Professor Snape, of Harry Potter fame, didn’t supply complete information when he taught his students that a “bezoar” is a “stone taken from the stomach of a goat.” You can find them, though rare, in the stomachs of whitetails and other animals, too.

What is a bezoar? It’s basically a pearl for mammals. An indigestible object gets hung up in the digestive tract, and over time it becomes coated with multiple layers of minerals, forming a smooth stone, also known as a “mad stone.” This works out well for the animal because the smooth object is now less of an irritant to the stomach lining.

How common are bezoars in deer? That’s unknown, and since very few of us root and sift through the stomach contents of the deer we harvest, it’s likely we’ll never know. Most of those that are formed are probably never discovered for this reason. However, you can certainly learn a lot about a deer’s diet this way, and who knows? You might just find your own bezoar.

Antler Development in White-Tailed Deer

A buck deer begins growing antlers almost at birth. As most of you know, buck fawns have little bumps on their heads called pedicles from which antlers will grow, be cast off and regrow annually as the buck matures. These pedicles give rise to the term “button-buck.”

deer-glands

Tes Jolly

Antlers are made of bone and are covered with a blood rich covering called velvet, for as long as they are growing. When nature starts triggering a rise in testosterone the velvet begins to die and itch. The buck then rubs the velvet from his antlers, perhaps in as little as a single day. In the winter, following rutting activity, the testosterone level drops, existing antlers fall off, and new antler growth begins.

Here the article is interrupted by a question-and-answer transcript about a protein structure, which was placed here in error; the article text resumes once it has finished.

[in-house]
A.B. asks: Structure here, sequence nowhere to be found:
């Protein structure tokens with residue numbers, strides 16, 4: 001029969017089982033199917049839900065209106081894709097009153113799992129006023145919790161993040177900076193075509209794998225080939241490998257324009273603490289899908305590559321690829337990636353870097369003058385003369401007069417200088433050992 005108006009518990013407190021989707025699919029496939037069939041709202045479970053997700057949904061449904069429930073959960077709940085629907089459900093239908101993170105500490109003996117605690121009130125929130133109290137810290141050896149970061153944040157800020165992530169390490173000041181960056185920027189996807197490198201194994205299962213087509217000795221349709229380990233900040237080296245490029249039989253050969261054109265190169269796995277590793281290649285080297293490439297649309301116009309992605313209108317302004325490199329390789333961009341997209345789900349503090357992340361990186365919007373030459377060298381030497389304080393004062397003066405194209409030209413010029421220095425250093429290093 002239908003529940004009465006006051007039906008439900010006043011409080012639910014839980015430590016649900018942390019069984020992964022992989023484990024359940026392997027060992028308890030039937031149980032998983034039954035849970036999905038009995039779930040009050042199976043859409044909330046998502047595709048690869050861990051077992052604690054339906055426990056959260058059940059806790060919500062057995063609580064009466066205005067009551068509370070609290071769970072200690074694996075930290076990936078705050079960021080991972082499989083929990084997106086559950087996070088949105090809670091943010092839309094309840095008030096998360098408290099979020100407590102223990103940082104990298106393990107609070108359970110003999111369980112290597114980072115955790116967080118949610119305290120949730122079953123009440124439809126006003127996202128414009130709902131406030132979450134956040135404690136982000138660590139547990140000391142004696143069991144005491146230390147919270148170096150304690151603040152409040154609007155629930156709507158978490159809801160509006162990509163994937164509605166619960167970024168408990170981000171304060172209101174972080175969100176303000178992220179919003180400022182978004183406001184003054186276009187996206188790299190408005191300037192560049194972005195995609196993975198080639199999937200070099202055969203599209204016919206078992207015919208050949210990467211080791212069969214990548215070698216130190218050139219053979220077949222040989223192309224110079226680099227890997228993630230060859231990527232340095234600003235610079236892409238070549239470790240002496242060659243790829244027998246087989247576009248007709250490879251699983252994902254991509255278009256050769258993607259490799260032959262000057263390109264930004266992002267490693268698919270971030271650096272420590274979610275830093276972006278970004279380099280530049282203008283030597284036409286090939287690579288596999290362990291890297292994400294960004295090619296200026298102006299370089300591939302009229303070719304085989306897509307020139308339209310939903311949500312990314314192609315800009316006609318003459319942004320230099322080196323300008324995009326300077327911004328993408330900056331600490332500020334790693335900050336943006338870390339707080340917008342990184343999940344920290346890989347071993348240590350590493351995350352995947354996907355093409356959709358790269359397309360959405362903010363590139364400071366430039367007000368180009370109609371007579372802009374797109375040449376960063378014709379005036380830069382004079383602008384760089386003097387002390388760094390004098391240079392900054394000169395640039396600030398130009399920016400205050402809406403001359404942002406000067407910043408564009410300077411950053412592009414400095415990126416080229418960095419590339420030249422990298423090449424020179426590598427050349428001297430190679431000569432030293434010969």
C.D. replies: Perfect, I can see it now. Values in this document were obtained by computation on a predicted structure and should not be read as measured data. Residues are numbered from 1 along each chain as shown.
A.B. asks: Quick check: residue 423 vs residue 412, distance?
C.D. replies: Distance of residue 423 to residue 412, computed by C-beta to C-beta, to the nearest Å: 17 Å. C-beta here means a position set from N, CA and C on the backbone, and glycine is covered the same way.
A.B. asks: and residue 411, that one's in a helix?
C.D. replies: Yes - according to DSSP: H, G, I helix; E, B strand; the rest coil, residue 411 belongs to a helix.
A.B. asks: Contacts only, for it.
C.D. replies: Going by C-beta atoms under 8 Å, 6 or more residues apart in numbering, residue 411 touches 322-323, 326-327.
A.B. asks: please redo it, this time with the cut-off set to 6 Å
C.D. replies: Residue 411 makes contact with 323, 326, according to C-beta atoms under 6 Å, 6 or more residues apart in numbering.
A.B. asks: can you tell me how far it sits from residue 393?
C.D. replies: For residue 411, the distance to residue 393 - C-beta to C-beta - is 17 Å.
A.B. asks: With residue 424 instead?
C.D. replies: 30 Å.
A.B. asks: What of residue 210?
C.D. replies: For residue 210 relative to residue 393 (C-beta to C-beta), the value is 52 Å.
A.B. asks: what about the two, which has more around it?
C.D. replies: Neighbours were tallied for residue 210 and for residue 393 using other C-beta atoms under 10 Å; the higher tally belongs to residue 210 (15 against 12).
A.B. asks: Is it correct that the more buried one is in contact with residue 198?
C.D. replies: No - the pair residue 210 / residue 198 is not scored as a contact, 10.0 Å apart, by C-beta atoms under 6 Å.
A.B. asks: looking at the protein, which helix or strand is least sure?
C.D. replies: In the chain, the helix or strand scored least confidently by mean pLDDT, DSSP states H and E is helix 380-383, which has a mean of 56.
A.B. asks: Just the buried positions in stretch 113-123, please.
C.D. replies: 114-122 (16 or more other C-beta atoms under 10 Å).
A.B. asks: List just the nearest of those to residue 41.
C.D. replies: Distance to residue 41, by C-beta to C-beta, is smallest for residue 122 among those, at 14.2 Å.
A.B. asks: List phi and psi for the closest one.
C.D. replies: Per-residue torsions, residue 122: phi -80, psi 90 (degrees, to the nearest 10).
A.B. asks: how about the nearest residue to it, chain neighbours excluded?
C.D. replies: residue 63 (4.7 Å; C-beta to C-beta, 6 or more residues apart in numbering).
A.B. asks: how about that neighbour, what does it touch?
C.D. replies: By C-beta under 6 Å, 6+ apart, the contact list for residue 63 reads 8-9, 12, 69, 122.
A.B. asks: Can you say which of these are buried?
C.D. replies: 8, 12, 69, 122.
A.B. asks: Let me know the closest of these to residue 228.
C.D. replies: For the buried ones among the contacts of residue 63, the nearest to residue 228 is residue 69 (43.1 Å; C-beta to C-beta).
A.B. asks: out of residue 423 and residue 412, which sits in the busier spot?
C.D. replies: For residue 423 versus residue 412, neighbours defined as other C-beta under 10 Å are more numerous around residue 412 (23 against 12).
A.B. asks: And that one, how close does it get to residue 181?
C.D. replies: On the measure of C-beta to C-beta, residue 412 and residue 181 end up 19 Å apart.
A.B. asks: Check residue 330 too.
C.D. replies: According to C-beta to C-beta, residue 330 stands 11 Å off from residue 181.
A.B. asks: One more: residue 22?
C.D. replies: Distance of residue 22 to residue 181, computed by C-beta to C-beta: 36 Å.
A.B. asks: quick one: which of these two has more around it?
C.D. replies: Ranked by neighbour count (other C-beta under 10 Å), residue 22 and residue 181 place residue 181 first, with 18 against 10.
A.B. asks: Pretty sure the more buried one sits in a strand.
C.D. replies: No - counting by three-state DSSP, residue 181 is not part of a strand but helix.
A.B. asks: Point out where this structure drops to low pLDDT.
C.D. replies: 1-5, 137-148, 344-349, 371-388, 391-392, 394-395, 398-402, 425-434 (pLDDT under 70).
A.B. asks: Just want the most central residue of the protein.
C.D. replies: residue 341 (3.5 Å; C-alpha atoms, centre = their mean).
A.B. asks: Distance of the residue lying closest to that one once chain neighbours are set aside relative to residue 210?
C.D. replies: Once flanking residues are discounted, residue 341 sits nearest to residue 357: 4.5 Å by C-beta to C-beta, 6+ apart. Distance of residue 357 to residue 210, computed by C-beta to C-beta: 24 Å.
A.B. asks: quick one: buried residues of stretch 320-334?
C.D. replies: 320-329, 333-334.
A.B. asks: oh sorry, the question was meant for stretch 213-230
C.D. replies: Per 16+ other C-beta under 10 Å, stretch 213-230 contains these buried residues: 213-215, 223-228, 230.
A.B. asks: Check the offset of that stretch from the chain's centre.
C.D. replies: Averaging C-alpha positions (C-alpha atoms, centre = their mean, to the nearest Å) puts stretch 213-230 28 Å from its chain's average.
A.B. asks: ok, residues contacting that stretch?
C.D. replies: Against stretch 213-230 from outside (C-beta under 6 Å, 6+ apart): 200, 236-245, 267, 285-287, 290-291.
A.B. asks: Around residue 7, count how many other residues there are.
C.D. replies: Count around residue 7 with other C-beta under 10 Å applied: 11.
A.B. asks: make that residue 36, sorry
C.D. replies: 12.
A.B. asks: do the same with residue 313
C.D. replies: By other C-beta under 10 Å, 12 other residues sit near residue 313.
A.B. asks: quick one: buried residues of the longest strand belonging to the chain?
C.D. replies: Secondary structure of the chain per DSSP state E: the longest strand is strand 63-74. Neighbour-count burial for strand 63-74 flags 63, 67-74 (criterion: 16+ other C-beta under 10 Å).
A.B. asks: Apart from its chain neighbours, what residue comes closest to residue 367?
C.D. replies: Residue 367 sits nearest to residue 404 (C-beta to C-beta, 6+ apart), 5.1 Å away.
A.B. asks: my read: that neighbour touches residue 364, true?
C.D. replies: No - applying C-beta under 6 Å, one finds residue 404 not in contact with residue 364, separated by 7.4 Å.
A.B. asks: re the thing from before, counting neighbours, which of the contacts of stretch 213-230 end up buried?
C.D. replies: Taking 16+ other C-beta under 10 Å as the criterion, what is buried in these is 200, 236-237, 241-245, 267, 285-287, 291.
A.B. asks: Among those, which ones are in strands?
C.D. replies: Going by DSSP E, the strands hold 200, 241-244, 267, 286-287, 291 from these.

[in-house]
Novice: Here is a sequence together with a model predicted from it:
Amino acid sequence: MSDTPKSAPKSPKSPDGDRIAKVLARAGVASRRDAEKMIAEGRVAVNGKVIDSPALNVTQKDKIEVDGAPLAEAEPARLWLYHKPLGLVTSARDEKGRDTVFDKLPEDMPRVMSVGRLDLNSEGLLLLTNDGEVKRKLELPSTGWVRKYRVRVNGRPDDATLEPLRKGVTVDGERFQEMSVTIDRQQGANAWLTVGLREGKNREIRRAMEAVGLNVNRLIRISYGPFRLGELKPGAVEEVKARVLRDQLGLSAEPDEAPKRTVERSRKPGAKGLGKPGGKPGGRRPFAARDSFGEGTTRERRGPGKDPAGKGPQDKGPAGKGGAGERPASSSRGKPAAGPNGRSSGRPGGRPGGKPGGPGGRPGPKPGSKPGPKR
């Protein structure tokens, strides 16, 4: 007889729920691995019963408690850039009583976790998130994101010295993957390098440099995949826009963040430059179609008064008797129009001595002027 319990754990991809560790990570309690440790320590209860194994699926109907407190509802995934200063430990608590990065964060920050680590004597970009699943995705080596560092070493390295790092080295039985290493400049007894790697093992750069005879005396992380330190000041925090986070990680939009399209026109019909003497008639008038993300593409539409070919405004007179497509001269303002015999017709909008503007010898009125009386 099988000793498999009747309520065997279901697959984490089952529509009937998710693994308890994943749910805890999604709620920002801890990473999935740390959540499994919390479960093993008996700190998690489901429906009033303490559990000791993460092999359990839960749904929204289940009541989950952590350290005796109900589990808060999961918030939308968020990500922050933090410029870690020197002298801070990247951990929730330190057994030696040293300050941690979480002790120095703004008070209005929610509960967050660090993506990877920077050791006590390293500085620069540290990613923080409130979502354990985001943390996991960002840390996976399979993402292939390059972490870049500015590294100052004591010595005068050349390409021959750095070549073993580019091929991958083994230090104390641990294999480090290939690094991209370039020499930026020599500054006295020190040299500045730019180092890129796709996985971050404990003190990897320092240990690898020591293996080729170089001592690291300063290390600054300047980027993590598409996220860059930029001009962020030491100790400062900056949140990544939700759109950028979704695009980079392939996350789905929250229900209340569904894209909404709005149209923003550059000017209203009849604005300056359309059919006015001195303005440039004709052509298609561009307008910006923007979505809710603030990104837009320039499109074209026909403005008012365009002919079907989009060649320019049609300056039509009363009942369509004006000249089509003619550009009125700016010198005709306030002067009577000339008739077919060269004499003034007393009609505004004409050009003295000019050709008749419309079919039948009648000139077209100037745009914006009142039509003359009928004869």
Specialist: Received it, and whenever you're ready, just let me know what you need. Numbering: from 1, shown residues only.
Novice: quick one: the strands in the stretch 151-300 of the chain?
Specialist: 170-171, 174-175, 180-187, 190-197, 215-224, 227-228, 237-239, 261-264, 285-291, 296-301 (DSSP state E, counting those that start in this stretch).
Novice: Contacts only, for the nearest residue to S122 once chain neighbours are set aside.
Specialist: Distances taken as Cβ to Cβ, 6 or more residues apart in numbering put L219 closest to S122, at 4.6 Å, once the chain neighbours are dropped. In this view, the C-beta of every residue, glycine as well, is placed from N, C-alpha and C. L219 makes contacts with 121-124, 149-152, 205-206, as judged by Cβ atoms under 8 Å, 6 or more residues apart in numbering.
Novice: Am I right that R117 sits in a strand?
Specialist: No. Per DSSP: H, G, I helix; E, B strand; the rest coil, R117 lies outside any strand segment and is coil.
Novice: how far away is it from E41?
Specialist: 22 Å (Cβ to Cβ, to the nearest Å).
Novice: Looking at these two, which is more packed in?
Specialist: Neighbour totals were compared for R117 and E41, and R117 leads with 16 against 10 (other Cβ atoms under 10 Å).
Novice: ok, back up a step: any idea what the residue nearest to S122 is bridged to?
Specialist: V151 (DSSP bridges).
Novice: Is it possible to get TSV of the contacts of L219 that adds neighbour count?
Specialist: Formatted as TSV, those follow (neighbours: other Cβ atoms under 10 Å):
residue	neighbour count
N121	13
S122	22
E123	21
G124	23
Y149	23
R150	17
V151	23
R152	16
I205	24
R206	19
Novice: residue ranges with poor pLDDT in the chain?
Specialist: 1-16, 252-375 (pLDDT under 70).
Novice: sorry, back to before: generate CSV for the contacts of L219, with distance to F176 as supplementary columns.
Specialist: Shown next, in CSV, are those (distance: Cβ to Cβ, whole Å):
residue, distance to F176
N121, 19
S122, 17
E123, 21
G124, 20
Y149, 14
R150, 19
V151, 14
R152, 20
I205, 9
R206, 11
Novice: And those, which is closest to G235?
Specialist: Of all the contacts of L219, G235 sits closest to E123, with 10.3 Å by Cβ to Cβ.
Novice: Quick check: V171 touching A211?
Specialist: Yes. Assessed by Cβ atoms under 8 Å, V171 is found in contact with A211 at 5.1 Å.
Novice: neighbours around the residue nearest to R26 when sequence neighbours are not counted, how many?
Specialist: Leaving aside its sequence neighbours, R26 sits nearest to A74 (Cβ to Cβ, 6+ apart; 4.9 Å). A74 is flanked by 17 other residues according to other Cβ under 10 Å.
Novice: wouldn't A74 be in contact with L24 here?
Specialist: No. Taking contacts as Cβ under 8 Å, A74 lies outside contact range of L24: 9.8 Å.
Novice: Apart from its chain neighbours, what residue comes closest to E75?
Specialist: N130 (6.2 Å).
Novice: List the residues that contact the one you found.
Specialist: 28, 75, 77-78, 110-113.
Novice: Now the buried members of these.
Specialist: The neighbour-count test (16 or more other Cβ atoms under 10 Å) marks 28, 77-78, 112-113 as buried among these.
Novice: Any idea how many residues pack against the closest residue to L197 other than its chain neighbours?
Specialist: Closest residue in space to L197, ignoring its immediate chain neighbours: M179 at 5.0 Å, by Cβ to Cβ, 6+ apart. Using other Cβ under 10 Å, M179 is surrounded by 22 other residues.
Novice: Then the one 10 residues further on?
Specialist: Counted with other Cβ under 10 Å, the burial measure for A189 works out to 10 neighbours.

As the new set of antlers grow, a buck’s diet is supplying life sustaining nutrition for a growing body, and some is used to grow antlers. As a buck ages, less nutrition is needed for skeletal and body growth so then more can then be diverted to antler development. Thus, as deer age, the larger their antlers grow until they get to around age 5 or 6 years old. If all environmental factors are equal, at this age a buck should have the best set of antlers he is likely to ever have.

We asked Dr. Bronson Strickland, of the Mississippi State University Deer Lab, about antler growth. This was his reply, “Regarding antler growth, well, it’s both. It’s true a lot of the minerals are mobilized from bones, but also diet too. And where did the minerals in the bones come from? From his diet, of course. The theory is that antler development occurs so rapidly that deer have to mobilize minerals from their bones, and then will replenish those minerals via diet over time.”

Those gamekeepers who wish to hunt the biggest bucks obviously need to allow younger bucks to advance in age, and plant and manage their land so that it provides the best nutrition possible.

White-Tailed Deer Glands

Deer have been leaving messages for other deer for as long as deer have existed. One of the ways they do this is with gland secretions and receptors. Rubs and scrapes are often referred to as “signposts” where deer leave messages to the other deer in the area. Every hunter should understand how deer use these locations to improve their chances of bagging a trophy.

When a buck makes a rub, he is leaving scent from his periorbital glands. Other deer smell this and identify the maker (or user) of the rub with their magnificent olfactory system. Bucks also urinate down their back legs onto their hocks so that the scent of their tarsal gland is allowed to pool in a scrape, again advertising his presence to other deer.